(WHTM) – Baltimore Oriole Brooks Robinson played a critical role in baseball’s long-awaited return to York. Robinson died yesterday at age 86.
“You just learned very quickly how much of A genuine man he was and how kind and caring and sincere he was in everything that he did,” said Kyle Mace, Baltimore Orioles Fan.
That man…was Brooks Robinson. Outside this region, baseball fans know him as a Baltimore Orioles third baseman, who excelled both at the plate and in the field…a first-ballot hall of famer…18-time all-star…16-time gold glove award winner…a legend by any standard.
Here, though, he was “mister oriole”. The face of the franchise. One historian said no player, has ever meant more to his team and his city than Robinson did to the Orioles and to Baltimore.
And in York–his legacy is personal.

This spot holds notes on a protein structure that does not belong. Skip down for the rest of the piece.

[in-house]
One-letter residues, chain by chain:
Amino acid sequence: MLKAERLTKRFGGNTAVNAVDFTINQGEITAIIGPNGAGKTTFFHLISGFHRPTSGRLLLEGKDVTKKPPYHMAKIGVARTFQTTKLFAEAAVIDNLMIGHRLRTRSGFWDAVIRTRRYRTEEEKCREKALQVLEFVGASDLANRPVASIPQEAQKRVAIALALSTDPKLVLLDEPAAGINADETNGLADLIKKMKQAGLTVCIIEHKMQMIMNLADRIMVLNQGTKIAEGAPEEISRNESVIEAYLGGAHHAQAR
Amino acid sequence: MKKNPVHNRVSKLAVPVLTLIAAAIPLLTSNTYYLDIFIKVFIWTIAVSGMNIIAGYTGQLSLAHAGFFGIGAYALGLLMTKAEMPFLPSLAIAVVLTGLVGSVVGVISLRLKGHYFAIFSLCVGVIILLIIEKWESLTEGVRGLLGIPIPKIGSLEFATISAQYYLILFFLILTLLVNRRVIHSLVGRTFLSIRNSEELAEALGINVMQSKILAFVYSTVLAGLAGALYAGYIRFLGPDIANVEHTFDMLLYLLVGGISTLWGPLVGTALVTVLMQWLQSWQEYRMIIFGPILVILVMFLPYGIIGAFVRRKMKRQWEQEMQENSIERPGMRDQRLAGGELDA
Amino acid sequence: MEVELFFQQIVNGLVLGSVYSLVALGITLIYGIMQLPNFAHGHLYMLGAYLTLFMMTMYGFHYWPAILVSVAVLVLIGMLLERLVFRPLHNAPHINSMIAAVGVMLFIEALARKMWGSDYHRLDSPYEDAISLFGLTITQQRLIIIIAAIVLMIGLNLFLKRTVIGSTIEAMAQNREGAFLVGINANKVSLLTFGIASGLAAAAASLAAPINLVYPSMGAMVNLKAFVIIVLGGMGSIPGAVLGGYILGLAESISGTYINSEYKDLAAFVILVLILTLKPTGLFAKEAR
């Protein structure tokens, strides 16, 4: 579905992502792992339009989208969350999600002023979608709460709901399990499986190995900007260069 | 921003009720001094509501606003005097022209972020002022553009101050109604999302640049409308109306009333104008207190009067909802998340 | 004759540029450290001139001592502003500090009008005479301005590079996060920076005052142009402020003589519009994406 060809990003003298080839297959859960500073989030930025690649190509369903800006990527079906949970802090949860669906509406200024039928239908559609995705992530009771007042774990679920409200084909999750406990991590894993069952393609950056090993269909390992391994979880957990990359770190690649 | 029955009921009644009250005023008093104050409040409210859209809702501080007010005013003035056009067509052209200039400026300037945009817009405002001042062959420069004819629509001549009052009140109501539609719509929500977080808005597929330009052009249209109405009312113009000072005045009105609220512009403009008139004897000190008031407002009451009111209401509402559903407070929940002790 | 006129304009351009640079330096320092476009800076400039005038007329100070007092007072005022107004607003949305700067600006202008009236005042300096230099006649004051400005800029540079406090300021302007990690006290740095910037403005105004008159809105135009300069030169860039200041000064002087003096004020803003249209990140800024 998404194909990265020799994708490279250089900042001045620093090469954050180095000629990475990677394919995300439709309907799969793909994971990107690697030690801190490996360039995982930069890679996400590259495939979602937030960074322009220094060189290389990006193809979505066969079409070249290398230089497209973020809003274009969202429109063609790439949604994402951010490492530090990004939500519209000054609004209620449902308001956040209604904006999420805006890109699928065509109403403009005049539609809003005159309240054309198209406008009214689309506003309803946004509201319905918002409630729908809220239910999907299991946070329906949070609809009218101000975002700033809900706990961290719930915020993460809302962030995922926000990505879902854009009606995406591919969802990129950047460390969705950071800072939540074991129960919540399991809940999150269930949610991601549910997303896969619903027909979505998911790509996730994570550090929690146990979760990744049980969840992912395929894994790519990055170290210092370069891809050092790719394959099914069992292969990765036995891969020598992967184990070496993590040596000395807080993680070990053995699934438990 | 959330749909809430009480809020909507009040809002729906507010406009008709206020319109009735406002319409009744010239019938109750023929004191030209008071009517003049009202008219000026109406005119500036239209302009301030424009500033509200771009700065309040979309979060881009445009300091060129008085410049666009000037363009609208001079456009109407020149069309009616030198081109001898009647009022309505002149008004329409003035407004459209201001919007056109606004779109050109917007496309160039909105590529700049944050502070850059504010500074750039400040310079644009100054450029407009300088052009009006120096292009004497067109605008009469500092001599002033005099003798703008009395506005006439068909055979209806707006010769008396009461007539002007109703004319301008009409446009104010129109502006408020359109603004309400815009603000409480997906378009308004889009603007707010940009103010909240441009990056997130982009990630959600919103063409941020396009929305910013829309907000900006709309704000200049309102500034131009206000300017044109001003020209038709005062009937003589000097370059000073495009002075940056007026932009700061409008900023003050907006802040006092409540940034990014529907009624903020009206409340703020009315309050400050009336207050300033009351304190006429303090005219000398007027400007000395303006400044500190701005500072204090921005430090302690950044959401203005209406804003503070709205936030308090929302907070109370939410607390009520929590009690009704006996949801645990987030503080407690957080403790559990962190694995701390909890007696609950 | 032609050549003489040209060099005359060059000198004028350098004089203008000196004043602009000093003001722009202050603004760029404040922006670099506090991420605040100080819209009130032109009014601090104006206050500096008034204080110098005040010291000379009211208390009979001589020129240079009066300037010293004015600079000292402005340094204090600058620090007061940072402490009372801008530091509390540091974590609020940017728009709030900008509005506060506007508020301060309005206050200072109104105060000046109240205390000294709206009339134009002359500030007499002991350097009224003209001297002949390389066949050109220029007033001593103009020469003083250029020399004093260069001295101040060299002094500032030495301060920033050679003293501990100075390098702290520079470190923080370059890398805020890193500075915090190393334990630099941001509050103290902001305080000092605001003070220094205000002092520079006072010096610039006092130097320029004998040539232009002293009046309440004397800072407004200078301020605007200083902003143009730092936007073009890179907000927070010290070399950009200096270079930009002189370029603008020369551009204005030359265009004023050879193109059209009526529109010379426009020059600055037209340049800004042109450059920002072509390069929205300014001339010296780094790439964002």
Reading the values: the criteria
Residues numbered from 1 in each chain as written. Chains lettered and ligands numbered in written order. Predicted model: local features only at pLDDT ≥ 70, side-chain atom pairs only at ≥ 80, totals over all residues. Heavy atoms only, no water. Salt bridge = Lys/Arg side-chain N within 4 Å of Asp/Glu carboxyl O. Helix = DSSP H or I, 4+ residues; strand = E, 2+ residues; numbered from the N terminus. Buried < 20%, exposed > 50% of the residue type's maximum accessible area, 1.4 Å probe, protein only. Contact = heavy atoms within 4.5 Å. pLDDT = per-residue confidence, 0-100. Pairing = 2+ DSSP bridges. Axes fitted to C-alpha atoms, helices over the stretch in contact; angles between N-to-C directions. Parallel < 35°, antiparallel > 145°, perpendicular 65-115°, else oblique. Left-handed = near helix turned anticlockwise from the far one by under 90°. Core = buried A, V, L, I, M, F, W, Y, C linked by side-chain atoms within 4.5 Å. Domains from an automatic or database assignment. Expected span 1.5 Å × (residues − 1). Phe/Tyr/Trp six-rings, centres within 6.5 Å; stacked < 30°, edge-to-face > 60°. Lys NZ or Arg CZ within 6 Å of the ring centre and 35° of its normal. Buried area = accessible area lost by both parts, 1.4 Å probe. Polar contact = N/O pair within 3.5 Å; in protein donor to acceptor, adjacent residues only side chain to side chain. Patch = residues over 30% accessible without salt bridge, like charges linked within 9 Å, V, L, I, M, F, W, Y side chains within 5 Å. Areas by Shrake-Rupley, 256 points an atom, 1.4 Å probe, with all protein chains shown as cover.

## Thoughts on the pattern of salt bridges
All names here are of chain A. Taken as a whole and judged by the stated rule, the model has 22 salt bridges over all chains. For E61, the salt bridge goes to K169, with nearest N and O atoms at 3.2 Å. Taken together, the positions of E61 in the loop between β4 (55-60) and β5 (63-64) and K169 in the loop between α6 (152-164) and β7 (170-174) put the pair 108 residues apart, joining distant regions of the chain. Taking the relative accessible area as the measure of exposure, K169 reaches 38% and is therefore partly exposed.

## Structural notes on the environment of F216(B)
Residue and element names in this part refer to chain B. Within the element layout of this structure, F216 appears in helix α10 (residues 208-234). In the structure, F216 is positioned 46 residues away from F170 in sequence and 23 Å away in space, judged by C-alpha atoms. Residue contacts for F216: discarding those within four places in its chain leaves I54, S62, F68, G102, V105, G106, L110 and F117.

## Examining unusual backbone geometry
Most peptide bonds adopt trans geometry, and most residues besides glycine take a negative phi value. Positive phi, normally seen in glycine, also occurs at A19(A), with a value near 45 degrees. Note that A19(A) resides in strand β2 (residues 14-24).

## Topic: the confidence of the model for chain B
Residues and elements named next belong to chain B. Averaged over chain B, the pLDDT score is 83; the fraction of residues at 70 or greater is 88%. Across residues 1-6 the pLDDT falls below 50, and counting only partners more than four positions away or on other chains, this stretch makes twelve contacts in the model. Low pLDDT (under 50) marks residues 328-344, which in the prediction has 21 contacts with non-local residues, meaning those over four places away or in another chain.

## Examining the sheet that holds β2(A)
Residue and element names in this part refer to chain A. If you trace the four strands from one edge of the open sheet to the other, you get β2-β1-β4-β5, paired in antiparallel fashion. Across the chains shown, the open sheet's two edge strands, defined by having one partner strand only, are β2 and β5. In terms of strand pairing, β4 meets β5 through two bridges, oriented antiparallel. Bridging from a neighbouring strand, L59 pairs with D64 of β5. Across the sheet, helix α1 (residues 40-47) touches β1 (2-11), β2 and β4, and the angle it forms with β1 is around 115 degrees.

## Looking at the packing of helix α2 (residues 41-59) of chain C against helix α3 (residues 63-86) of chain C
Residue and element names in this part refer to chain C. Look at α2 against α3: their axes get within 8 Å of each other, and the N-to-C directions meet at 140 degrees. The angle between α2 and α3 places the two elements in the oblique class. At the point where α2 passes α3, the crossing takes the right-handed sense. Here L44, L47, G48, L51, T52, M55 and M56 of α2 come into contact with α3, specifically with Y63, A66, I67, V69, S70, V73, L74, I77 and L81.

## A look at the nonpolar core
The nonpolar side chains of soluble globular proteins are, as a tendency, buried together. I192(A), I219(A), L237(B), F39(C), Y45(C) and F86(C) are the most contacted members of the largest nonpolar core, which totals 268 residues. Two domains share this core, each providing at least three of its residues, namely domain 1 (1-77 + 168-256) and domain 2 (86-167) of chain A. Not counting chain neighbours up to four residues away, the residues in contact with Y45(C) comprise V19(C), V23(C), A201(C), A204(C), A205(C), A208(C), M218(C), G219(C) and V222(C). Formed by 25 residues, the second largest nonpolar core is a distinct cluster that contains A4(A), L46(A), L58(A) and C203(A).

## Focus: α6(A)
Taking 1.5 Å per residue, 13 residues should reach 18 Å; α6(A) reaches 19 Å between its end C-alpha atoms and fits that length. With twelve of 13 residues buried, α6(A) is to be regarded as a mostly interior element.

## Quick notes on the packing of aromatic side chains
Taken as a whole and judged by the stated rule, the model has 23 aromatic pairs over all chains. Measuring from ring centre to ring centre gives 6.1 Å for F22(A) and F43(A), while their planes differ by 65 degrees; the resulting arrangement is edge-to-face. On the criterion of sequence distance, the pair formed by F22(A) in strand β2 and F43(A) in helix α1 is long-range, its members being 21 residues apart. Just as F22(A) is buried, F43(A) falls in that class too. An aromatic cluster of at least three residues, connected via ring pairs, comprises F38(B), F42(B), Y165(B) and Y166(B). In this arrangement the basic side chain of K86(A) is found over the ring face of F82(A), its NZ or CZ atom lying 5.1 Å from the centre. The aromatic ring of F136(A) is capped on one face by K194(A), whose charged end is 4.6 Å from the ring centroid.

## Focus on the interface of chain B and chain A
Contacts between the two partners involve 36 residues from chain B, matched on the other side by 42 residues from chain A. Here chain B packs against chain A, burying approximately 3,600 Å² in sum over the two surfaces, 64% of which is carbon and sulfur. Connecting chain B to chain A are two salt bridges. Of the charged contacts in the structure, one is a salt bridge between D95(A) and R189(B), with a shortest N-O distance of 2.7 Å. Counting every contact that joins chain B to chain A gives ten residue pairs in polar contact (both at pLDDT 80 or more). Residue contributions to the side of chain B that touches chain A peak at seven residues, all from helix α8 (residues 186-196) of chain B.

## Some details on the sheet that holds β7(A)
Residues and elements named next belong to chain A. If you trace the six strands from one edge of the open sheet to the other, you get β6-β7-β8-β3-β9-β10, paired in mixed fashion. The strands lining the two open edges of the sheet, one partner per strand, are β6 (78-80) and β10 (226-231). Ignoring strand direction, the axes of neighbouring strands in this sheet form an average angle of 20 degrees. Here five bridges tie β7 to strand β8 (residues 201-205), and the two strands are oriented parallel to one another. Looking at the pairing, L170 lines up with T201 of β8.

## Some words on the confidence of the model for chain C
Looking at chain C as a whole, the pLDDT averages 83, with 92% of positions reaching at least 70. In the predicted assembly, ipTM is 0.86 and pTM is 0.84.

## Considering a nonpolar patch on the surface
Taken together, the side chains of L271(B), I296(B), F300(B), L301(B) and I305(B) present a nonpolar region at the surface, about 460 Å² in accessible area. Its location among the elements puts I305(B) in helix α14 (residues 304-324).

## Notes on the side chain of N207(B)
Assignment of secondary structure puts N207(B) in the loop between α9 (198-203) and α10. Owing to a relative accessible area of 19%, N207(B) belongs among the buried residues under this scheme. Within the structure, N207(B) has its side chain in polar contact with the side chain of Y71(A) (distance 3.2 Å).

“As our team president said to Carl Brooks a great player is to do a disservice to him because he was certainly that but he was so much more I mean he was really larger than the sport of baseball,” said Doug Eppler, Director of Marketing, York Revolution.
Robinson spent his entire 23-year major league career in Baltimore. Before that– he got his start in the minors with the York white roses…and well after retiring, he played a key role in bringing minor league baseball back to York; truly a revolution for the white rose city.
“This is a community that loves baseball and is very thankful to those people that League Baseball is possible in their town. Right at the top of the list is Brooks Robinson without him baseball would not come back to York all those years ago,” said Eppler.
if you visit Wellspan Park, you’ll find sixteen plates on the ground with facts about his career– and a statue created by Lorann Jacobs, showing Robinson signing a little league player’s ball. A fitting representation, fans say, of a man who meant so much to so many.
“Have these permanent tributes to him because he made a permanent impact on this community and on each of us who work here and all the fans that come to this ballpark you know every time that we step foot in this place, we’re going to think of brooks and be thankful for what he did,” said Eppler.